Soil Analysis

Soil is the foundation of agriculture. Soil type, texture, and nutrient availability are key components to crop production. Healthy, fertile soils produce thriving crops while poor, infertile soils require amendments to sustain production. Knowing your soil’s nutrient content can help you make informed management decisions, such as correct water and fertilizer application rates, helping you save money and protect water quality. Soils should be tested annually. More frequent testing may be necessary for areas that are intensely farmed or for troublesome soils.

Soil is the foundation of agriculture. Soil type, texture, and nutrient availability are key components to crop production. Healthy, fertile soils produce thriving crops while poor, infertile soils require amendments to sustain production. Knowing your soil’s nutrient content can help you make informed management decisions, such as correct water and fertilizer application rates, helping you save money and protect water quality. Soils should be tested annually. More frequent testing may be necessary for areas that are intensely farmed or for troublesome soils.

IV g ii Soil Analysis Parameters

The District provides basic soil analysis for a nominal fee. If you are interested in having your soil tested, please complete the Soil Sample Information Sheet and bring it to our office along with your soil sample. We can only test soil that was collected within our District boundary. For additional information on soil analysis, please contact our office at 760-728-1332.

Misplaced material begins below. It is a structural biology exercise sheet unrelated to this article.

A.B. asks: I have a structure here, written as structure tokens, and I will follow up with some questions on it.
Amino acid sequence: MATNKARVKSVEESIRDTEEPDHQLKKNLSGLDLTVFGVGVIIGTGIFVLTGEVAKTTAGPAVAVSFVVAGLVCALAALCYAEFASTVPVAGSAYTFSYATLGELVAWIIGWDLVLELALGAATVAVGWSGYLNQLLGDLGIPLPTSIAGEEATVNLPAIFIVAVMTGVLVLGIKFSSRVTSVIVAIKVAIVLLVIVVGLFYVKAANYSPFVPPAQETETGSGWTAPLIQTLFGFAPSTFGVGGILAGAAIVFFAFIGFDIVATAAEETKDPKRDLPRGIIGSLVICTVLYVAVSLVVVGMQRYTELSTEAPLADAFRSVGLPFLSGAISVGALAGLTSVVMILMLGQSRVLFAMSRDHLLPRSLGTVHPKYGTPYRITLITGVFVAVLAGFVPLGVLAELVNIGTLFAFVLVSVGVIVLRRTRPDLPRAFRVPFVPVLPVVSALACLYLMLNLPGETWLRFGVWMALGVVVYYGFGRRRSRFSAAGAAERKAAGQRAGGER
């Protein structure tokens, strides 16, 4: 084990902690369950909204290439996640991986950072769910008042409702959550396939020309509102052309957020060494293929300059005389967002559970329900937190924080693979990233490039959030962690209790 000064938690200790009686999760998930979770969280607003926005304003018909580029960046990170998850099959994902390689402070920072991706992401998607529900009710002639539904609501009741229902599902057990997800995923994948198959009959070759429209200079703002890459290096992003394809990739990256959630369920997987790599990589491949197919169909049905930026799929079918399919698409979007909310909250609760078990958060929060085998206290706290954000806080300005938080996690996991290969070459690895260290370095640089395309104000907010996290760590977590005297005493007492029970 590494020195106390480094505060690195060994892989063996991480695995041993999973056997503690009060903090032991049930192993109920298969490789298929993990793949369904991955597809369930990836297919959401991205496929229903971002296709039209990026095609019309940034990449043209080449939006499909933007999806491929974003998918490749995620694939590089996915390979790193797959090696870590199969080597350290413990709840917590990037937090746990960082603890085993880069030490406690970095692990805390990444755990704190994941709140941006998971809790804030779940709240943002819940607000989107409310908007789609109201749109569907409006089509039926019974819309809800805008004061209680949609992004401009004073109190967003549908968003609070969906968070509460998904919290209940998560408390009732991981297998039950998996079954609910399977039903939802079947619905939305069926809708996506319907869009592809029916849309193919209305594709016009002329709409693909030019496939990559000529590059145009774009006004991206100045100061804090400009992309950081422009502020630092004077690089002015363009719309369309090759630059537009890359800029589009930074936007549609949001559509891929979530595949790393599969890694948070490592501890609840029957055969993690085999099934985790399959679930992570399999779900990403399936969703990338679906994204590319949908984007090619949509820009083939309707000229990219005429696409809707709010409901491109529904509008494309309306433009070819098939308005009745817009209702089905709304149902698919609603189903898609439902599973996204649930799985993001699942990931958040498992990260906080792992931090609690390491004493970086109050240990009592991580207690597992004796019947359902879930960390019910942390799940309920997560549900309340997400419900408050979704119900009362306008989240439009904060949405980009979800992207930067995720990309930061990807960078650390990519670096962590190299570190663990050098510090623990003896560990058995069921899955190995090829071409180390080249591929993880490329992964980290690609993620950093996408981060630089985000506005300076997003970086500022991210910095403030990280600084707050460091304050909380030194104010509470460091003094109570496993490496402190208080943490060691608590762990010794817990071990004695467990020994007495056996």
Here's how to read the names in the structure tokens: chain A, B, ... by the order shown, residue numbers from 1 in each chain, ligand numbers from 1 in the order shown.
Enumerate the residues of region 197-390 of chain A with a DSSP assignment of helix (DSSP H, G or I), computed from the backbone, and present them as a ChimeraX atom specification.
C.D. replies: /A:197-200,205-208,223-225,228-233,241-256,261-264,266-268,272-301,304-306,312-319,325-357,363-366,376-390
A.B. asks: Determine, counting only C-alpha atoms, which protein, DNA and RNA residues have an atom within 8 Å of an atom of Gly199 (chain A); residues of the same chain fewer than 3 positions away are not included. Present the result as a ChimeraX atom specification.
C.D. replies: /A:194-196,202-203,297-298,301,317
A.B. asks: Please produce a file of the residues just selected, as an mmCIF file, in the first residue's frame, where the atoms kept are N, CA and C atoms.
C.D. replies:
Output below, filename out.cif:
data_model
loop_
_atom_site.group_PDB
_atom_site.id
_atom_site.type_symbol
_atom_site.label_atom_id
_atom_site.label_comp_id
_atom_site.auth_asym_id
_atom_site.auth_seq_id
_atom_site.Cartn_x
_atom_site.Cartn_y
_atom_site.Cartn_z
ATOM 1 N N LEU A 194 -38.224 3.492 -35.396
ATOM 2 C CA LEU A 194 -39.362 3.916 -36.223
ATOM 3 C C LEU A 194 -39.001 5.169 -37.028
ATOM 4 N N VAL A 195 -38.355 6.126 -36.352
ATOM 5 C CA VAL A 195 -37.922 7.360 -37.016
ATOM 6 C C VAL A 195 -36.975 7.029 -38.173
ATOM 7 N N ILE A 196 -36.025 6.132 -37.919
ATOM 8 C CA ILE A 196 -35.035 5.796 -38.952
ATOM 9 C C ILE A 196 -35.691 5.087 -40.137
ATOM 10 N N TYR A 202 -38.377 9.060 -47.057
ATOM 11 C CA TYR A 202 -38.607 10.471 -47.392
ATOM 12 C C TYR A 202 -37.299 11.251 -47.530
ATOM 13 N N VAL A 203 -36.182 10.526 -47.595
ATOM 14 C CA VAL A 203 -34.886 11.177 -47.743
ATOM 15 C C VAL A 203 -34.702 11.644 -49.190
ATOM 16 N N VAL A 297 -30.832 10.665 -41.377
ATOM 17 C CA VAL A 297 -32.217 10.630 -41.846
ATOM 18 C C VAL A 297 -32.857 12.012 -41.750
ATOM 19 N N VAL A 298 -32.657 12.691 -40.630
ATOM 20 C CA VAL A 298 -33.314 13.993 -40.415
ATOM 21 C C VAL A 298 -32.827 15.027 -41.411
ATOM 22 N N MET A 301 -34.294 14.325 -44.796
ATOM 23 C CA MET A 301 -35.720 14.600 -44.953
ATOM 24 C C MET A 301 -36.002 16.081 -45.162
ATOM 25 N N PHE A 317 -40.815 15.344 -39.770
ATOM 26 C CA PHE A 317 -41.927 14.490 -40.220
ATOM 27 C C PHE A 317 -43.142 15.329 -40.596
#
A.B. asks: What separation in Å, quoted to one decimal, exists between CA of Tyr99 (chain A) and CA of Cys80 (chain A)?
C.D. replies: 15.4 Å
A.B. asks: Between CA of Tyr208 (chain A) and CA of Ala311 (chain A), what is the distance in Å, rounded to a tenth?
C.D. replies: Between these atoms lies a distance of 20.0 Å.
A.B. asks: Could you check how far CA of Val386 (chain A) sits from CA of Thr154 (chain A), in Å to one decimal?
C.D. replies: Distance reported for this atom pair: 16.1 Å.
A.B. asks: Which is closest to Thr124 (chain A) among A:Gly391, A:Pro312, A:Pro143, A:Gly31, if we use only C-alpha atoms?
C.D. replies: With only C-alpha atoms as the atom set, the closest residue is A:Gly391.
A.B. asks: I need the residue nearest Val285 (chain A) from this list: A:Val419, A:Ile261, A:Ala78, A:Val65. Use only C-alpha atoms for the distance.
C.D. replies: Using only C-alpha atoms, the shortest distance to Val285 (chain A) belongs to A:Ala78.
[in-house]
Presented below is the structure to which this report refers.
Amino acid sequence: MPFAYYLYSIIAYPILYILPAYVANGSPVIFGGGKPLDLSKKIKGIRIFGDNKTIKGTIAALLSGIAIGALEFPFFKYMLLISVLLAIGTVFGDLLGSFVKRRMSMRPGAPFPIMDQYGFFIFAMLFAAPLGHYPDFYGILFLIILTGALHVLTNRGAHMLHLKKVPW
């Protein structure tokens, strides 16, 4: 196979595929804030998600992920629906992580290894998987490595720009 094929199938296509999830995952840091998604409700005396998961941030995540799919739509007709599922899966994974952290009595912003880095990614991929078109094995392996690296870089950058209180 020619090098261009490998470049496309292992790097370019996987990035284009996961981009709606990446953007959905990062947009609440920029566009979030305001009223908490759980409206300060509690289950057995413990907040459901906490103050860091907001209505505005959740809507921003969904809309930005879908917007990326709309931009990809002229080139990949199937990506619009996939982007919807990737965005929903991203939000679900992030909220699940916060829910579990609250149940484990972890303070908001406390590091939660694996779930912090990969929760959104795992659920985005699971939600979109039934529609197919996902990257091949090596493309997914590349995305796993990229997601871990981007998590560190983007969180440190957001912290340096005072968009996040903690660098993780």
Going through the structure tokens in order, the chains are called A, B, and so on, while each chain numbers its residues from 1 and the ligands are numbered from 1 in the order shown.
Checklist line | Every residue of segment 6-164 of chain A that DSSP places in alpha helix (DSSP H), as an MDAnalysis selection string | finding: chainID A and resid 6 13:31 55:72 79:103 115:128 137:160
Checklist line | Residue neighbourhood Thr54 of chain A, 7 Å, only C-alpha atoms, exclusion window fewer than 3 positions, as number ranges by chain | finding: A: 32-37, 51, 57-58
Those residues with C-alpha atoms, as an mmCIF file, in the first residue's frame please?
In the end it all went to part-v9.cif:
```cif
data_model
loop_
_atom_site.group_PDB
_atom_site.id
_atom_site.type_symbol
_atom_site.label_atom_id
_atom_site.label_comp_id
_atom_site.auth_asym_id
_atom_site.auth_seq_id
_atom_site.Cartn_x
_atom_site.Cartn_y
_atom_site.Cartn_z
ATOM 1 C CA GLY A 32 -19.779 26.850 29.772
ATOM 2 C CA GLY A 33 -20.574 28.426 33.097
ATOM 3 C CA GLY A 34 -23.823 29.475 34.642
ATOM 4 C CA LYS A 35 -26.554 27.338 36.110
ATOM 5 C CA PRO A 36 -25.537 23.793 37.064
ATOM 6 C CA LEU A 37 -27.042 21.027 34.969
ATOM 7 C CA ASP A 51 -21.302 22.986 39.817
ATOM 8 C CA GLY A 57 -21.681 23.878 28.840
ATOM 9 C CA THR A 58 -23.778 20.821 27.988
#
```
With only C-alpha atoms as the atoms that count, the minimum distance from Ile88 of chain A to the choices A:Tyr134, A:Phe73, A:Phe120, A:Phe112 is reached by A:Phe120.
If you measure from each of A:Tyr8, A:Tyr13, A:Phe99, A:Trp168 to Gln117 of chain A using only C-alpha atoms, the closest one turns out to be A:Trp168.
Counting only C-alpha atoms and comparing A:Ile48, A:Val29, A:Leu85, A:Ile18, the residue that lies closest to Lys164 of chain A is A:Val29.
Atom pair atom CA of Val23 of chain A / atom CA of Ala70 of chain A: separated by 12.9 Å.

IV g ii Soil Analysis Costs

Sample Collection Instructions:

 Soil samples should be taken from the root zone of the plants being grown.

  • The root zone for turf grass extends approximately 3 to 4 inches below the soil surface.
  • The root zone for most garden crops ranges from 4 to 18 inches below the soil surface.
  • The root zone for tree crops ranges from 6 to 36 inches below soil surface.

 Depending on the size of the area to be sampled, take 15 to 20 sub-samples and mix them together in a clean container to form one composite sample. Small gardens typically only require one composite sample, while large groves could require up to 15 composite samples.

 Care should be taken to avoid samples from abnormal areas such as:

  • Near dirt roads
  • Near fence rows
  • Near fertilizer spills
  • Near contaminated areas

If soil testing is being used to diagnose possible problems, be sure to take a composite soil sample in an area that does not have a problem to be used as a comparison.

Collection Procedures:

  1. Use a clean soil probe, shovel or trowel to obtain your samples.
  2. Scrape away surface litter at each sample location.
  3. Collect about 15-20 sub-samples of soil for each composite sample. Sub-samples should be representative of the entire crop root zone (0” to 18” for example), or just a portion of the root zone (0” to 12”, 12” to 18”, etc.). Use a clean bucket to mix your composite sample. Keep all sample sizes proportionate.
  4. Do not touch the sampled soil with your hands any more than necessary.
  5. Place the sample on a clean piece of plastic or paper to dry. The soil should be allowed to air dry in an area free of dust and wind. Do not bake the soil to accelerate drying.
  6. Place the sample in a clean paper or plastic bag and label with an indelible marker. Include your name, phone number, sample depth and crop.